The Just-Signed New Jersey Law

On Thursday August 29, New Jersey Governor Chris Christie signed revised legislation, namely A.B. 2878, which, among other restrictions, forbids employers to ask applicants or employees for their social-media or other online logins/passwords.  A few months back, on May 6, Gov. Christie had conditionally vetoed a prior iteration of the bill, asking that it not rein in employers so much.

For example, the Governor sought — and ultimately obtained by an August 19 unanimous vote — amednments that would allow employers to conduct various types of investigations and not prohibit “an employer interviewing a candidate for a marketing job  . . . from asking about the candidate’s use of social networking so as to gauge the candidate’s technological skills and media savvy.”

Similar Laws in Force in a Dozen Other States

New Jersey joins the following 12 other states that have enacted similar bans during since May 2, 2012:

 Already in force:

       Arkansas; California; Colorado; Illinois; Maryland;

       Michigan; New Mexico; Utah; Vermont; and Washington


 — Taking effect soon: 

      Nevada (10/1/13); and Oregon (1/1/14)

Some of those states’ statutes contain very broad prohibitions.  Others, like Michigan’s and New Jersey’s, grant employers some exceptions, usually encompassing workplace investigations.
Delaware has also enacted an analogous ban, which, although not directed at employers, focuses on universities vis-a-vis students.
For a very good recent article on the various approaches the states have taken, see Philip L. Gordon and Joon Hwang, Making Sense of the Complex Patchwork Created by Nearly One Dozen New Social Media Password Protection Laws, Workplace Privacy Counsel (July 2, 2013).

Controversy re: These Login/Password Bans

The wave of state legislation in this context is  a privacy victory for employees, job seekers and/or students.  But, from the  management perspective, many have criticized the stricter of these laws as addressing a discrete (non-)issue with a blunt instrument approach. See, e.g., Molly DiBianca, Michigan Enacts Social-Media Privacy Law, Delaware Employment Law Blog (Dec. 30, 2012).

Others have noted that a greater priority should be a modernization of the federal Electronic Communications Privacy Act (“ECPA”). Behnam Dayanim, Employee Privacy Forces Legislation, Recorder (Aug. 8, 2012) (“these ‘bullet bills’ … represent a missed opportunity both to update the SCA to reflect today’s technology and to re-engage . . . over the broader policy questions.”) (LEXIS ID and password needed).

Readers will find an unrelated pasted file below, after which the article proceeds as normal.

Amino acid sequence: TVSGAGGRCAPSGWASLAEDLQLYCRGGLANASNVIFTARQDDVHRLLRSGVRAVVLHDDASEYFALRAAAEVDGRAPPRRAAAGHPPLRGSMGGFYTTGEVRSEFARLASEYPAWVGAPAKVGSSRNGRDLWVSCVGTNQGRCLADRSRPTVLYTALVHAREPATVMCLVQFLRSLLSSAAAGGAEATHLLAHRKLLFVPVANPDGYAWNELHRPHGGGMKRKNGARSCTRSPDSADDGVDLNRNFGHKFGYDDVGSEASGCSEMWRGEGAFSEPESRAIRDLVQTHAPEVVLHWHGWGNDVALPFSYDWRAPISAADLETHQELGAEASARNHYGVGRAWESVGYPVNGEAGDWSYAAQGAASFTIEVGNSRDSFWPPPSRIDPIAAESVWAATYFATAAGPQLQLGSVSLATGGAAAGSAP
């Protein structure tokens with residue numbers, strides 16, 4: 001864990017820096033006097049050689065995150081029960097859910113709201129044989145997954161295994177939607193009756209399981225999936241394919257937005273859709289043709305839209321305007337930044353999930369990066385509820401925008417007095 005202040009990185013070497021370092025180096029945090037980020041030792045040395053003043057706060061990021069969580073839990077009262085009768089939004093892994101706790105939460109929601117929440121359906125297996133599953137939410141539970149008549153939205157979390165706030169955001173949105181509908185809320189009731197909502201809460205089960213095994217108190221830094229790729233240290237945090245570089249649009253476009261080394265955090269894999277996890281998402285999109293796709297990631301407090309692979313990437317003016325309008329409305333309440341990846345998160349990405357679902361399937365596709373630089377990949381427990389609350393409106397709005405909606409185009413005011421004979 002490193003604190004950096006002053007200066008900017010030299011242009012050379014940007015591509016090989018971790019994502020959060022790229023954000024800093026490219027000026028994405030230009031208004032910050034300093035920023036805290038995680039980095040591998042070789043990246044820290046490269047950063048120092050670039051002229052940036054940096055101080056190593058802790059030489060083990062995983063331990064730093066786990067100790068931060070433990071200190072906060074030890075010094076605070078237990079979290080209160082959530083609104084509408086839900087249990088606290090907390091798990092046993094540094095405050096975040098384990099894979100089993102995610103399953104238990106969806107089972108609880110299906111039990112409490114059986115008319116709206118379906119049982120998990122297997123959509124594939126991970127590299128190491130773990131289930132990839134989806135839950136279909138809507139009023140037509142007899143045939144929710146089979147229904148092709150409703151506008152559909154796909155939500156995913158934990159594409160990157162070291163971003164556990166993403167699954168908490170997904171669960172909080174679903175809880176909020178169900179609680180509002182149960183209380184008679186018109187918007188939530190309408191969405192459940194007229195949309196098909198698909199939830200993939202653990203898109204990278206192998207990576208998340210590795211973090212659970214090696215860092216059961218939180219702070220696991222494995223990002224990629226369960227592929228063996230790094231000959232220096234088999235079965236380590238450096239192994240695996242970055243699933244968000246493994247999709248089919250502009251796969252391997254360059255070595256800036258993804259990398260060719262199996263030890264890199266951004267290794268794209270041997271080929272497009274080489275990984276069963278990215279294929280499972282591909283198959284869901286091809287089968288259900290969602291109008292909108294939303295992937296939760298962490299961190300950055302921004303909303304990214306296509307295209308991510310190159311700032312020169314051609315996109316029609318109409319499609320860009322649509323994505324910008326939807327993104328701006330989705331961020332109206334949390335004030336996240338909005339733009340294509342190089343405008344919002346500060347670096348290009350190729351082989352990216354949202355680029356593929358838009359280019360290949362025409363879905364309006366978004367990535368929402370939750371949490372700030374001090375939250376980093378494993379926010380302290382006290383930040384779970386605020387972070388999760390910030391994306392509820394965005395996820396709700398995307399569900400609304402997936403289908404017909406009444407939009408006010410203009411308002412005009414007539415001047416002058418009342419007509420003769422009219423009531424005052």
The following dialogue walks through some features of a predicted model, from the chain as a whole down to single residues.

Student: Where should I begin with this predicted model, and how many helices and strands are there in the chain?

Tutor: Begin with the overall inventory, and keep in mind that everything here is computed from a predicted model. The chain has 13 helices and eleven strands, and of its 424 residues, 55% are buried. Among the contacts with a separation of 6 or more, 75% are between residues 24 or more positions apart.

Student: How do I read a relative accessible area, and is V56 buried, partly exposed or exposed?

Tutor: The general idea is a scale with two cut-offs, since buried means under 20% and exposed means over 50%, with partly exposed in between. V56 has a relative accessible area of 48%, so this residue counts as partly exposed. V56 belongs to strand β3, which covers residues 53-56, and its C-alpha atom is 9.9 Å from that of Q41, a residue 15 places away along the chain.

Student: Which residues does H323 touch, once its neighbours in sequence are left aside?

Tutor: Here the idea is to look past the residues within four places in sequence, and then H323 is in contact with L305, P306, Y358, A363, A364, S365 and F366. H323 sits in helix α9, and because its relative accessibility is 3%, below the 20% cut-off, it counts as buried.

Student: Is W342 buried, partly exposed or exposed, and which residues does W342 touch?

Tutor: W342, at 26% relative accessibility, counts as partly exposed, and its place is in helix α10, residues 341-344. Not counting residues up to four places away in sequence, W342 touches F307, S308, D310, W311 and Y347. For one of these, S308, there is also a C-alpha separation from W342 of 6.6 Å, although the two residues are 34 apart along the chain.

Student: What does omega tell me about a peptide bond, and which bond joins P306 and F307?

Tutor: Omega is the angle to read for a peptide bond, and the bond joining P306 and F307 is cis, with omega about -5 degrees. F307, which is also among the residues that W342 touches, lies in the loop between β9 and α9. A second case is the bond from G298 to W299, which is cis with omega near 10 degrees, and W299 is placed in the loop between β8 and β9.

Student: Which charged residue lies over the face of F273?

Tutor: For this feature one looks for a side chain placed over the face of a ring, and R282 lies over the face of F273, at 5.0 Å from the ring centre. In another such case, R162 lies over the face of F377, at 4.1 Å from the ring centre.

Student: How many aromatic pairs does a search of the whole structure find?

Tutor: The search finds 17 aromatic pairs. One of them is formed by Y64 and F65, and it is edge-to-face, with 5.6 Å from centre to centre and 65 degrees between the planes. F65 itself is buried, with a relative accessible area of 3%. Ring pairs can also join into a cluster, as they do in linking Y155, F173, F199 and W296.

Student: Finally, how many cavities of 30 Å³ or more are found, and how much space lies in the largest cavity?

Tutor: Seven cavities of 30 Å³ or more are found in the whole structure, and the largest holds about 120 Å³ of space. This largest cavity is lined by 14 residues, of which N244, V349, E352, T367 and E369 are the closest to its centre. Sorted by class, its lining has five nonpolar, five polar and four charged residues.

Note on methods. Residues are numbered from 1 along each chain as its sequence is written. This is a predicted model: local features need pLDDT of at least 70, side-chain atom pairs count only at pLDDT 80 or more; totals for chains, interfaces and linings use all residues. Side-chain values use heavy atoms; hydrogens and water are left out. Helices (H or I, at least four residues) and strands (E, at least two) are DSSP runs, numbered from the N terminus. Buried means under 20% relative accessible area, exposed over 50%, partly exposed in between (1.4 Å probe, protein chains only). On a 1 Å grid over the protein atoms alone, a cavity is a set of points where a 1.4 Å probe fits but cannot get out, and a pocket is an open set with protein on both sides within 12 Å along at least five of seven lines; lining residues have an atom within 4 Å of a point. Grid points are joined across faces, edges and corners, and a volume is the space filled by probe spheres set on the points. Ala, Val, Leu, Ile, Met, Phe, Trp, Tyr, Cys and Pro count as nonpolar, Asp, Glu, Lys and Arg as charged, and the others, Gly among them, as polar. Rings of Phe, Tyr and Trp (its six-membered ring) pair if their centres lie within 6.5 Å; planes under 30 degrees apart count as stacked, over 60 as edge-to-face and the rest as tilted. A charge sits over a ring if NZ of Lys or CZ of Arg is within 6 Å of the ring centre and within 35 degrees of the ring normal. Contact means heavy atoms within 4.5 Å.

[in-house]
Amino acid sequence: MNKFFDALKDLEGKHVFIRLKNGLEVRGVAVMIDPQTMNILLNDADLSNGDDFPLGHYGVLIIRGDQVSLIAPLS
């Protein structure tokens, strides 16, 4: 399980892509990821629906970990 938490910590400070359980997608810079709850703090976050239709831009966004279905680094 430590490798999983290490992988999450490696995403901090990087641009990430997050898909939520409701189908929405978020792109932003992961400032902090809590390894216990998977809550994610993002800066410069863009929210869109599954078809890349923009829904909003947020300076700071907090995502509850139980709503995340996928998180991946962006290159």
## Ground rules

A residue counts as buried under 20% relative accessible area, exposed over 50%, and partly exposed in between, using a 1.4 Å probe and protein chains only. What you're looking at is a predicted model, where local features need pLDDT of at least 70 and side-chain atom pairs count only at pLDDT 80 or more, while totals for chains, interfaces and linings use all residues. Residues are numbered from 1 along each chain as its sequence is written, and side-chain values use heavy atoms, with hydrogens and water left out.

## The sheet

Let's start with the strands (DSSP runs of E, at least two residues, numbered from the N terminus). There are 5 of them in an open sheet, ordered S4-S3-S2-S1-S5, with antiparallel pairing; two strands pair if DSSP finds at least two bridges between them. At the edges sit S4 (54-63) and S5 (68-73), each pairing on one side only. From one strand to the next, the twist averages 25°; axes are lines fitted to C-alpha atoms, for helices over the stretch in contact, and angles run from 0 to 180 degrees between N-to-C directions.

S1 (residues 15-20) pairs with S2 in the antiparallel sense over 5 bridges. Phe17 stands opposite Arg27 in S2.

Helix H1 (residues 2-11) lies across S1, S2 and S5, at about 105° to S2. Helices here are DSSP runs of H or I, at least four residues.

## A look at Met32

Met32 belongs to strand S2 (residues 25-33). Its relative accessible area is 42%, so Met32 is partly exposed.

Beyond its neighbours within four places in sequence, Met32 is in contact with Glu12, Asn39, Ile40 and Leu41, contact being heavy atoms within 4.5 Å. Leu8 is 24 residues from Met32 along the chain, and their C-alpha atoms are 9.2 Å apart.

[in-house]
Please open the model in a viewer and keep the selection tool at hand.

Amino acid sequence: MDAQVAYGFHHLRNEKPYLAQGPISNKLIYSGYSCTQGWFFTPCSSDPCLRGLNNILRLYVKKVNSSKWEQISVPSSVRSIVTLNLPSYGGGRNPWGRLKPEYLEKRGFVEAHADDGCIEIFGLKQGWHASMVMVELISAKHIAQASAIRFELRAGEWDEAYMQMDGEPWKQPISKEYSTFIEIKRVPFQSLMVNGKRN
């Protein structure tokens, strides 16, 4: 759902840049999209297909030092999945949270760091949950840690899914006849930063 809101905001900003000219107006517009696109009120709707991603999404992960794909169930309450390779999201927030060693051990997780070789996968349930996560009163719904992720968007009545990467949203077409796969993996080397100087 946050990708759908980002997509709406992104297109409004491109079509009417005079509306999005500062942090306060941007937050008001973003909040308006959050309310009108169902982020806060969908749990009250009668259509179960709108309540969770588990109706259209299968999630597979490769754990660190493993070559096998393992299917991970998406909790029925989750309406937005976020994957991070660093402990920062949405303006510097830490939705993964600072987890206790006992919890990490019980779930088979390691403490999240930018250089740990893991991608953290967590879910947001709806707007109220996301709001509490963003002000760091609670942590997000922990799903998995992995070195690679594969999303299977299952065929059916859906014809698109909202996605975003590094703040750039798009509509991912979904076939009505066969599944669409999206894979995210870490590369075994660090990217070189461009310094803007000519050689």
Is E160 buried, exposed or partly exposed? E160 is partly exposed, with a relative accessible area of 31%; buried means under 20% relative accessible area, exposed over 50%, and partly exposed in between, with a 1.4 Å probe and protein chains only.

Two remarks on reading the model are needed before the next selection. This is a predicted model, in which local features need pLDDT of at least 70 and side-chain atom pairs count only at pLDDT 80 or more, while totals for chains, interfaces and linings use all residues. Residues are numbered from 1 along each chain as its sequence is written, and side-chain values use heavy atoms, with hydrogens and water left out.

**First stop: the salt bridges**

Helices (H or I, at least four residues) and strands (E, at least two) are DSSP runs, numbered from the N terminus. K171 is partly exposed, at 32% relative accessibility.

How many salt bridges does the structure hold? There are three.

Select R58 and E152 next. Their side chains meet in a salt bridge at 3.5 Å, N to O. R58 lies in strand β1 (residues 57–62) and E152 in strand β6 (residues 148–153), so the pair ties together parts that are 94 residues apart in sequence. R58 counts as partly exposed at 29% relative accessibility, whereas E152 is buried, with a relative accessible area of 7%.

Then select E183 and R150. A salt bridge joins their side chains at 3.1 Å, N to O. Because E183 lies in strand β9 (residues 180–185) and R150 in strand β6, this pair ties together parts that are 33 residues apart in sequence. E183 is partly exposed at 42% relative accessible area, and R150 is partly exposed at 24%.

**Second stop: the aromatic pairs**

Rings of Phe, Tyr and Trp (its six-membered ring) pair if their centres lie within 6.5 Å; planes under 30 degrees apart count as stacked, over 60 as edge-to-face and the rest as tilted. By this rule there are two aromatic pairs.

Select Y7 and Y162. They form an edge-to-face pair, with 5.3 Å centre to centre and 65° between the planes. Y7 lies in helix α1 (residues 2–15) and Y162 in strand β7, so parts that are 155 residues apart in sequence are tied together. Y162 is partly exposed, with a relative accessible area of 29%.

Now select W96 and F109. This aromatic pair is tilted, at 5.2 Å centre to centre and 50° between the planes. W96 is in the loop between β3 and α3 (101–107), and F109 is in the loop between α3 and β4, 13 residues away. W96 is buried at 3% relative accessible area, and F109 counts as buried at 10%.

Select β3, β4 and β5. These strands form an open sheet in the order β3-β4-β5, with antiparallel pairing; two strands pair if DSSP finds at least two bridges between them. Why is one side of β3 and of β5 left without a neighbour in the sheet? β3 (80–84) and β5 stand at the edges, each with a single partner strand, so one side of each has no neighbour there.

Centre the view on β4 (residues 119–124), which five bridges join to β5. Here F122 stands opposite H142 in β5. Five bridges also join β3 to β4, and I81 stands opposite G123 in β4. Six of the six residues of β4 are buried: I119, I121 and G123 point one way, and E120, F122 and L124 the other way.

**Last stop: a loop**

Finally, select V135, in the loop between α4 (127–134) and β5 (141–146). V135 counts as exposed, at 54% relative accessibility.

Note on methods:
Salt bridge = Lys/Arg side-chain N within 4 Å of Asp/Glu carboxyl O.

Indeed, the federal Stored Communications Act (SCA) — Title II of the ECPA — of is sorely in need of an update as its outdated provisions do not come close to addressing modern technology and 21st century methods of electronic communications. The SCA was passed in 1986 to try to address that new-fangled technology known as voicemail.

The only amendment to the SCA since its 1986 inception was via the USA PATRIOT Act, hastily passed just weeks after 9-11 to make it easier for prosecutors to obtain from Internet Service Providers the missives of potential terrorists. The SCA’s sister provision, the Wiretap Act — now Title I of the Electronic Communications Privacy Act (ECPA) — has barely been changed since way back in 1968, when wiretapping on phone calls was the primary concern.

Note, though, that the SCA has been interepreted many times by various federal courts to criminalize and provide civil damages for anyone who illictly obtains an individual’s login credentials and then accesses a password-protected online environment. See Robert D.Brownstone, eWorkplace II White Paper (Apr. 3, 2012), at 19-20 (.pdf pp. 24-25).

But see also this brand new piece, Philip L. Gordon, New Jersey Court’s Decision Provides Roadmap For Access To Employees’ Restricted Social Media Content, Workplace Privacy Counsel (Aug. 27, 2013), which addresses a recent decision in a case whose prior opinion was discussed in Venkat Balasubramani, Accessing an Employee’s Facebook Posts by “Shoulder Surfing” a Coworker’s Page States Privacy Claim — Ehling v. Monmouth Ocean Hosp., Eric Goldman Blog (June 4, 2012).

As to a reboot of the ECPA for the 21st century, of course none of us — including our state legislators — can force Congress’ hand.

Congress Asleep at the Switch with SNOPA (why didn’t they call it “SNOOPA”?)

 Speaking of Congress, don’t hold you breadth for the oft-threatened ECPA reboot.   As in the notice-of-data-breach 
 context, the states have jumped in to fill the void in this arena because of Congress’ inaction.   On the federal level, the
 “Social Networking Online Protection Act” (SNOPA) was introduced in the House as H.R. 5050 on April 27, 2012 and
 reintroduced on February 6, 2013.  But the bill has languished with no activity since then.

Two Dozen More State Bills Pending

 Approximately two dozen states have pertinent pending 2013 legislation (linking to 2012 legislation compilation).
 Some of those states are considering entering the fray for the first time.  Others — California, Delaware, Illinois and Maryland —
 are contemplating beefing up or expanding their current provisions.

Open Issue = “Shoulder-Surfing”

Banning forced disclosure of logins/passwords has been the thrust of the pertinent statutes so far.   Thus, some of the enacted and pending bills have been silent as to the related practice of “shoulder-surfing” — namely, having an interviewee log into, e.g., her/his Facebook while the interviewer stands or sits behind the prospect so as to see all the private content to which the applicant is instructed to surf.